For decades musicians have been ‘borrowing’ the work of other artists. Dating back to early reggae, artists have been cutting tracks on turntables to include portions of someone else’s work. Often, there is no issue with this practice, either because the original artists do not mind, or because the portion borrowed from another source is too small for anyone to notice. But, as we enter an era in which information can be sent across the internet in a matter of seconds, grey areas are forming and becoming highlighted. With this project, we will explore those legal grey areas and how they have changed over time, and as the tools of the trade have evolved.On this page and subsequent subpages, you'll find case law, summaries and videos to better explain what sampling is, when it is legal, and when it is not.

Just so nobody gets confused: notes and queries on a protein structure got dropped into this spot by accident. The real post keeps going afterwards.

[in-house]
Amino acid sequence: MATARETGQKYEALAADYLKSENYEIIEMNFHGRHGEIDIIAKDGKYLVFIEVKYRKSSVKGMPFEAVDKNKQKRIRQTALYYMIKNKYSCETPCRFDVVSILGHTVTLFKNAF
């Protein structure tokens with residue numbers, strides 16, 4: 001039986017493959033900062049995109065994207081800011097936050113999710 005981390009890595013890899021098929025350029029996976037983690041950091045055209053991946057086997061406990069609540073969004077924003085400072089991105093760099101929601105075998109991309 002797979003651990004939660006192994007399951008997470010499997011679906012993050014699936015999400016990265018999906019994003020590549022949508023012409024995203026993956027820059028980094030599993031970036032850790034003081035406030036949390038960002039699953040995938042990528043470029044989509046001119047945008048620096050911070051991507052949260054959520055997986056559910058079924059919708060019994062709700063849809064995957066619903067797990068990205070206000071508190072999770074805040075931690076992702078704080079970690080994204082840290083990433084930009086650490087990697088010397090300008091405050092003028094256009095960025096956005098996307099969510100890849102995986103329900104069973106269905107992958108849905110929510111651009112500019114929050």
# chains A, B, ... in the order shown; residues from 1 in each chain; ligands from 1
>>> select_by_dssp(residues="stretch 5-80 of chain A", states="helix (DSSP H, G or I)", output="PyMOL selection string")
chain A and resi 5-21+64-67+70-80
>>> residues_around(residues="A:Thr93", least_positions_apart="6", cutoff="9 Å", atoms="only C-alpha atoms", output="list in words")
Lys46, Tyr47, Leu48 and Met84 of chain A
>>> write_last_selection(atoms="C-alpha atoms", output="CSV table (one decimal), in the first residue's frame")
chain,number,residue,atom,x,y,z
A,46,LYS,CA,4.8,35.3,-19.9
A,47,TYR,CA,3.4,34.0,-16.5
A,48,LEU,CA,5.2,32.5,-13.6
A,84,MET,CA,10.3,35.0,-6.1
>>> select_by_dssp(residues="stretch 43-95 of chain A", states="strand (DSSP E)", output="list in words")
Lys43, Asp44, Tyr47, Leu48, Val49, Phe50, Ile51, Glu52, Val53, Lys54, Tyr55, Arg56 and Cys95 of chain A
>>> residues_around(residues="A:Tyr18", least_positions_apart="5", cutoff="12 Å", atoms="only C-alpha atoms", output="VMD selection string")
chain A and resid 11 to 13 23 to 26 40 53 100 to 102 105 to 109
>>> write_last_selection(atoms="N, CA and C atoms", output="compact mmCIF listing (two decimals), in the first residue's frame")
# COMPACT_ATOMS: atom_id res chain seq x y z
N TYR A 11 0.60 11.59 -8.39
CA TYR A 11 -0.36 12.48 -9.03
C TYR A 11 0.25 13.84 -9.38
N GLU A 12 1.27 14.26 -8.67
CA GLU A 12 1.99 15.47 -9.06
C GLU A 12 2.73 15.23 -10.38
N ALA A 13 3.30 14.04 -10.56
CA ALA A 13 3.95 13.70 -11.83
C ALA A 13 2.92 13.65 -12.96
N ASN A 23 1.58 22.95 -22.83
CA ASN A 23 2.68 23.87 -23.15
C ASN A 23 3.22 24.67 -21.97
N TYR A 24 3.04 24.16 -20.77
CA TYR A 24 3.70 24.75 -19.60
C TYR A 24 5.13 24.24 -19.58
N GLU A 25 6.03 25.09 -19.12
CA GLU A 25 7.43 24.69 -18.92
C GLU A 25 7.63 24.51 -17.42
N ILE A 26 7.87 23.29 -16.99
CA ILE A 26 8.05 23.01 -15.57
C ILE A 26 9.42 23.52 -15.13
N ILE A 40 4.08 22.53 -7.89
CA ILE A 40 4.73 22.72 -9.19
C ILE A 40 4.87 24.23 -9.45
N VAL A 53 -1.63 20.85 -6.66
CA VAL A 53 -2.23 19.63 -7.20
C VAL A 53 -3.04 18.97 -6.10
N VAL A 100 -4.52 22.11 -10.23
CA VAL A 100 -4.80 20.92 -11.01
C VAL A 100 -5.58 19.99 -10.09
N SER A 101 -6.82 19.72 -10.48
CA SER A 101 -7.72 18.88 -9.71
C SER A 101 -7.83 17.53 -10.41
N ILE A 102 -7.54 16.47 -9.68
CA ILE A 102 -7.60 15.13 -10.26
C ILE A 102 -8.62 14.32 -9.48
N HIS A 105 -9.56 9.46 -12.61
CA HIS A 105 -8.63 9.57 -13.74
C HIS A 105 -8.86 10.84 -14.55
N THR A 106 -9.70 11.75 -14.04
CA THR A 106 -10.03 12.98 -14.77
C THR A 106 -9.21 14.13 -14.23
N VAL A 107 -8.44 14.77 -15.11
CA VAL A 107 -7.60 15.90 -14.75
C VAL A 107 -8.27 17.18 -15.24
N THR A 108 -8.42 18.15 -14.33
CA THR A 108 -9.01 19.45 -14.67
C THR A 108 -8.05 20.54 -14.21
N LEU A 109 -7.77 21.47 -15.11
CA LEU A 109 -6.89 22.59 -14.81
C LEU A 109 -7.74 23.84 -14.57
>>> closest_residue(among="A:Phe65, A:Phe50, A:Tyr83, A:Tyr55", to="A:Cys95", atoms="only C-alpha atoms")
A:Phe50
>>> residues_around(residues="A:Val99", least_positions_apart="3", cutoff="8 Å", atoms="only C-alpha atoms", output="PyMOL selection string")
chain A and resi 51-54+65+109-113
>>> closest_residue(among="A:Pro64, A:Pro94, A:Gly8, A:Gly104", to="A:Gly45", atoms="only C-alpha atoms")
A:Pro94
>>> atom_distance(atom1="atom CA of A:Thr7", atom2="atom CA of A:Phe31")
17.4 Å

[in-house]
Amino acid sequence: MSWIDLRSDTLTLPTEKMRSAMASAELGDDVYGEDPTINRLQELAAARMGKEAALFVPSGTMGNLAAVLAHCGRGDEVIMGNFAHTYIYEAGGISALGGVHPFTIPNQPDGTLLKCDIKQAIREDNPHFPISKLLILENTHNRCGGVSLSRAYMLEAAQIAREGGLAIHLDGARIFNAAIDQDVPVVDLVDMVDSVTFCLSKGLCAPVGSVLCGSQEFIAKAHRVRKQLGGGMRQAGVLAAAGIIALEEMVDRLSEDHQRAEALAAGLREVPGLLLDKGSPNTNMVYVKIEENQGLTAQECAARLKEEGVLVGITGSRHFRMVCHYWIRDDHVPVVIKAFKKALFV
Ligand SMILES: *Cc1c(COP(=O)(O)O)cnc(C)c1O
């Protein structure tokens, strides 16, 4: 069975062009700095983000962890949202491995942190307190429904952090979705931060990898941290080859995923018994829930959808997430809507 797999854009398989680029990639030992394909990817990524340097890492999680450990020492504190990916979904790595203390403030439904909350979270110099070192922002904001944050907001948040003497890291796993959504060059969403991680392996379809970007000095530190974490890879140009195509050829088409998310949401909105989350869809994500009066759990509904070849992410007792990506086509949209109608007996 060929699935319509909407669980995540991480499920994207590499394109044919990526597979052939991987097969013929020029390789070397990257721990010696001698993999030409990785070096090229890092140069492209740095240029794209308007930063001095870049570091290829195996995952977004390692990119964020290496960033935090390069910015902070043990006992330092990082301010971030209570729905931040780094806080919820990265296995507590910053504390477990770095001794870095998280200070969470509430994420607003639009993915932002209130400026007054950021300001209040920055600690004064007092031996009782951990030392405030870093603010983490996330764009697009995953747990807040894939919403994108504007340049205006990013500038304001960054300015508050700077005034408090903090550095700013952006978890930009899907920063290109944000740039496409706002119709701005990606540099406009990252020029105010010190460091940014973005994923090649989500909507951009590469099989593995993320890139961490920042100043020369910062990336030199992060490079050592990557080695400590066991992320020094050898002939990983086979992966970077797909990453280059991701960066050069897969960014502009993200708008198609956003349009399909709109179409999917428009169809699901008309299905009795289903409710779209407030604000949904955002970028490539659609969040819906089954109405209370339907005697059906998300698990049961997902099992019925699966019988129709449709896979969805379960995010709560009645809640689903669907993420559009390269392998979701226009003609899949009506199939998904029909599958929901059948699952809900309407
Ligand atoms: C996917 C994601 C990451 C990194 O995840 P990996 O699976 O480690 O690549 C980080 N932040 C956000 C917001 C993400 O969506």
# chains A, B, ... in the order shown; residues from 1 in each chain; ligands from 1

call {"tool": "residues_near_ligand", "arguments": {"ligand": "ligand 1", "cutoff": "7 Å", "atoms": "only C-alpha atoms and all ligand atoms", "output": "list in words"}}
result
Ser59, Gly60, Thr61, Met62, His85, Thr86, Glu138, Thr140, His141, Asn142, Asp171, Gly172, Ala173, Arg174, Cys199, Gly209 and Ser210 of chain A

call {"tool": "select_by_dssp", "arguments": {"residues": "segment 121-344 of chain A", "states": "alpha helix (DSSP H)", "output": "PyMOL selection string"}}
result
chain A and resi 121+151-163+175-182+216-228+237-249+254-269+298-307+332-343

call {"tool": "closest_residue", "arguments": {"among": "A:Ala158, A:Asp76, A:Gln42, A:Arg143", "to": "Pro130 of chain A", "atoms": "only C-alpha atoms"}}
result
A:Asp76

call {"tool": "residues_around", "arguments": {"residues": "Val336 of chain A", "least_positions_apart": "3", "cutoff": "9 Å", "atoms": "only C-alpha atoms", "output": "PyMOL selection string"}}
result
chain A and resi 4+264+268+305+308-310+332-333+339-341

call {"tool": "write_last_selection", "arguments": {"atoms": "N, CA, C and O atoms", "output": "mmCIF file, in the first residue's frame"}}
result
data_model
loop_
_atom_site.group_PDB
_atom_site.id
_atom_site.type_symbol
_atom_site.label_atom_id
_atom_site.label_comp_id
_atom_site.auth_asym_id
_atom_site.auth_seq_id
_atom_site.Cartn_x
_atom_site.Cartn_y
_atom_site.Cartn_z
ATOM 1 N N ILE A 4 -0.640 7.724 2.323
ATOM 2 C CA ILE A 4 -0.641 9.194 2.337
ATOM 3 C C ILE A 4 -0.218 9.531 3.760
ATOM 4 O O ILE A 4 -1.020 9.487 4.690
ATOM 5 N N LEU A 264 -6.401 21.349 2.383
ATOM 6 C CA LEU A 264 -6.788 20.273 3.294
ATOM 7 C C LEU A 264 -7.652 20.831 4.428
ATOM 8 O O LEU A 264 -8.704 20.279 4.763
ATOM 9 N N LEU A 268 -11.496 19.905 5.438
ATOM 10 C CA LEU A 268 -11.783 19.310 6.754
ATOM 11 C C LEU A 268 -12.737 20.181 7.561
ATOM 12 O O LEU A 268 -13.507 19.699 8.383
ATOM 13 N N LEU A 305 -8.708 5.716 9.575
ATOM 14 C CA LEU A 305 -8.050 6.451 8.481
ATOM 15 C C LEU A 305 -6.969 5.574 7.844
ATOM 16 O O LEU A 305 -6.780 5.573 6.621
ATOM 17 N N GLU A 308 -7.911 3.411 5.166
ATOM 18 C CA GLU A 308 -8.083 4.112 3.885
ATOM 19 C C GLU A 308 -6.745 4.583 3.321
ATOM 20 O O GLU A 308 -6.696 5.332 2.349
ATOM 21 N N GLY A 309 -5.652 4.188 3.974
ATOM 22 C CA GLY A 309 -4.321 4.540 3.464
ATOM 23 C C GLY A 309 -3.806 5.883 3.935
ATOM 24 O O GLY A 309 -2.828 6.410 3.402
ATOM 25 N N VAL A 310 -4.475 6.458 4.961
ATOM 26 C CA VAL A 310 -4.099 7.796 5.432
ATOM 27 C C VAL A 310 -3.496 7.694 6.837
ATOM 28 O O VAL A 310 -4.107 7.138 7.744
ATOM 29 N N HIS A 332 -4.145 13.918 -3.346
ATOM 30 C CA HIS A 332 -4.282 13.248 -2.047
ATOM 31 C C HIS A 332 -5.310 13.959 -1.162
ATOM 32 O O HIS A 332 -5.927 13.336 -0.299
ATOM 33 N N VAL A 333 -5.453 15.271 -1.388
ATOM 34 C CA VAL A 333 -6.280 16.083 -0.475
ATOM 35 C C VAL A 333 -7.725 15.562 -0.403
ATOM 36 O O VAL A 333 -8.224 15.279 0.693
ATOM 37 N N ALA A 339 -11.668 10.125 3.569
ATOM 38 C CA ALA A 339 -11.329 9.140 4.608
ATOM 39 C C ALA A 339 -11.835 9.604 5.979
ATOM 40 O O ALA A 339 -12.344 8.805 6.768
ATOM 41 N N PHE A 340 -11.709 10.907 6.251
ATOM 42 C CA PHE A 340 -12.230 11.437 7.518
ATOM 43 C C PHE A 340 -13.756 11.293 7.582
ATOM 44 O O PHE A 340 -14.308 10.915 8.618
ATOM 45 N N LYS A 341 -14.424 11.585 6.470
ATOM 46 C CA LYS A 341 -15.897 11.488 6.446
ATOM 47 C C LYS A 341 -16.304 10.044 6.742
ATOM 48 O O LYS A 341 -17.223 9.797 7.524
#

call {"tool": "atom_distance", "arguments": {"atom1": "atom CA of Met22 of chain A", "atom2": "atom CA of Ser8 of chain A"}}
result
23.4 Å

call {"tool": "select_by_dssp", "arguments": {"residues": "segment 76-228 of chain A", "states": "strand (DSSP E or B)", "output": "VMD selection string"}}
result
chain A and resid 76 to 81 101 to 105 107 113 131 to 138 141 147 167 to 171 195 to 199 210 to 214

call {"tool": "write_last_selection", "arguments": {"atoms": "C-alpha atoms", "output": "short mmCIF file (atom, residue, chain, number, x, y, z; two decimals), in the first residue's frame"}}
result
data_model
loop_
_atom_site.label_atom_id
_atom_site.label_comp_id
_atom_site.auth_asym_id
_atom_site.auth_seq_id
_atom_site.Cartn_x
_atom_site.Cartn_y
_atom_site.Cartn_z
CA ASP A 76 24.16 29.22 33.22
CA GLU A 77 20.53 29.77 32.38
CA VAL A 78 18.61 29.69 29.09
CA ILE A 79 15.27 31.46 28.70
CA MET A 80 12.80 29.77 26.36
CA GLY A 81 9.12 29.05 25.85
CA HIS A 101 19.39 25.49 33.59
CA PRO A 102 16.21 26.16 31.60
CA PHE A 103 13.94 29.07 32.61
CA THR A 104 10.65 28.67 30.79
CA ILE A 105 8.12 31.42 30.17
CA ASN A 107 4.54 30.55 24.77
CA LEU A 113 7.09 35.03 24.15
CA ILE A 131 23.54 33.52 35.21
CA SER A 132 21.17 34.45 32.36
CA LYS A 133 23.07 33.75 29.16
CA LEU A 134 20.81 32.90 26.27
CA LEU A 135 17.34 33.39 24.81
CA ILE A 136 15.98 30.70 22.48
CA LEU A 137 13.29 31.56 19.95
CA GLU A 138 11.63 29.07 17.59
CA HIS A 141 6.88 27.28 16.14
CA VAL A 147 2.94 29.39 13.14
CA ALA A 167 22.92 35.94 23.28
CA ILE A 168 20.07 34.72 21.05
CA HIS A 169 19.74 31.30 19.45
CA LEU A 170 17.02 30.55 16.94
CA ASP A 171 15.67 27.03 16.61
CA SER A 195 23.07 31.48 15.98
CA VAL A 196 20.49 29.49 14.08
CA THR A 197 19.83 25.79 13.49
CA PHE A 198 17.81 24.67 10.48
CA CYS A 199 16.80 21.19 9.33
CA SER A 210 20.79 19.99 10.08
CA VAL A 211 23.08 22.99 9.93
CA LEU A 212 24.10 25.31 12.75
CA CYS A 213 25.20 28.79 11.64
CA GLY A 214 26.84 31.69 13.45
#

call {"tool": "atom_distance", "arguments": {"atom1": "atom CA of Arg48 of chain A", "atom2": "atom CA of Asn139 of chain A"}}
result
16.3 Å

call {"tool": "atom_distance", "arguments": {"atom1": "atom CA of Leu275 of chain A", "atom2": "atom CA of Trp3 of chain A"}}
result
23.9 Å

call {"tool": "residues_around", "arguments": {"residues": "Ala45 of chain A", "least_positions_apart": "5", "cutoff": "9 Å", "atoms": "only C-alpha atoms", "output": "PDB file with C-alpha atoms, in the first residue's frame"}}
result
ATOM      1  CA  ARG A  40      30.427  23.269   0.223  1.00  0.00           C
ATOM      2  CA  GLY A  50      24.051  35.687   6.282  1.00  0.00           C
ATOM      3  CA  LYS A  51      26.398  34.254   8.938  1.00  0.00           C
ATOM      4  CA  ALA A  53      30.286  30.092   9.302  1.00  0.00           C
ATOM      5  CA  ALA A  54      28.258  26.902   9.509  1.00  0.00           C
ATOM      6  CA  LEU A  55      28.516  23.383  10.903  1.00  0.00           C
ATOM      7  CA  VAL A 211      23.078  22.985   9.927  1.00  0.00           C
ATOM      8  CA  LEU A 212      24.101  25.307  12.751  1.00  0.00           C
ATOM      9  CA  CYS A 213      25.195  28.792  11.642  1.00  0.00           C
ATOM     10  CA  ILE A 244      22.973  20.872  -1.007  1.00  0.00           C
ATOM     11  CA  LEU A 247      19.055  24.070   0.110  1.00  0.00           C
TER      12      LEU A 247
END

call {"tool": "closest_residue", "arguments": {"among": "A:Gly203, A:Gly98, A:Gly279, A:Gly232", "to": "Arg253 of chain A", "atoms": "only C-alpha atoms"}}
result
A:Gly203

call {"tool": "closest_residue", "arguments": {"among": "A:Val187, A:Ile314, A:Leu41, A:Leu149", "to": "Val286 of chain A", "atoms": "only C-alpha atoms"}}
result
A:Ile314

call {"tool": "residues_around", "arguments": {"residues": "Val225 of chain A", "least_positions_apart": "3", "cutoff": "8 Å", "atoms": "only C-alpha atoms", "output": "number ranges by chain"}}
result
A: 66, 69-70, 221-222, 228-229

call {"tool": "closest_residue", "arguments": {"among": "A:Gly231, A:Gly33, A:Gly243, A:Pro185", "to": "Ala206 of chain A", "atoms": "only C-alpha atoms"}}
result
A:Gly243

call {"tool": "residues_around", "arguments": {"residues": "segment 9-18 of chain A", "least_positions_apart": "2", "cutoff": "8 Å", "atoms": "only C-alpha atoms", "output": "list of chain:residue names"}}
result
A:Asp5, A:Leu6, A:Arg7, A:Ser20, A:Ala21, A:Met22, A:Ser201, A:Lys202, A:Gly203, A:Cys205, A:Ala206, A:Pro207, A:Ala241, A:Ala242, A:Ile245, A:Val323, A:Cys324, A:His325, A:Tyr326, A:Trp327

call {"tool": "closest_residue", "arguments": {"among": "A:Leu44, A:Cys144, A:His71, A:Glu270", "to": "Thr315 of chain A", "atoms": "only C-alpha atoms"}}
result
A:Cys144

More on the case
In 1991 Gilbert O'Sullivan sued the rap artist Biz Markie for intellecual property theft over the rapper's use of his song “Alone Again (Naturally)”. Biz Markie and his producers ripped the piano audio from O'Sullivan's track and rapped over it. Listen to Biz Markie's Song “Alone Again” and a live version of O'Sullivan's song below by clicking play on the videos.
Included is an annotation of the central case we have chosen, Grand Upright v. Warner Brothers Music. Many believe this case was hastily executed, claiming the defendant, rapper Biz Markie, was well within the confines of fair use. Nonetheless, this case set an important precedent in favor of original artists vis-a-vis music sampling.
Recording artist Mark Ronson is renown for his sampling techniques. This video shows his performance at the TED conference. Including this video is intended to supplement the case law included so anyone viewing this page may have a better idea of what music sampling includes.
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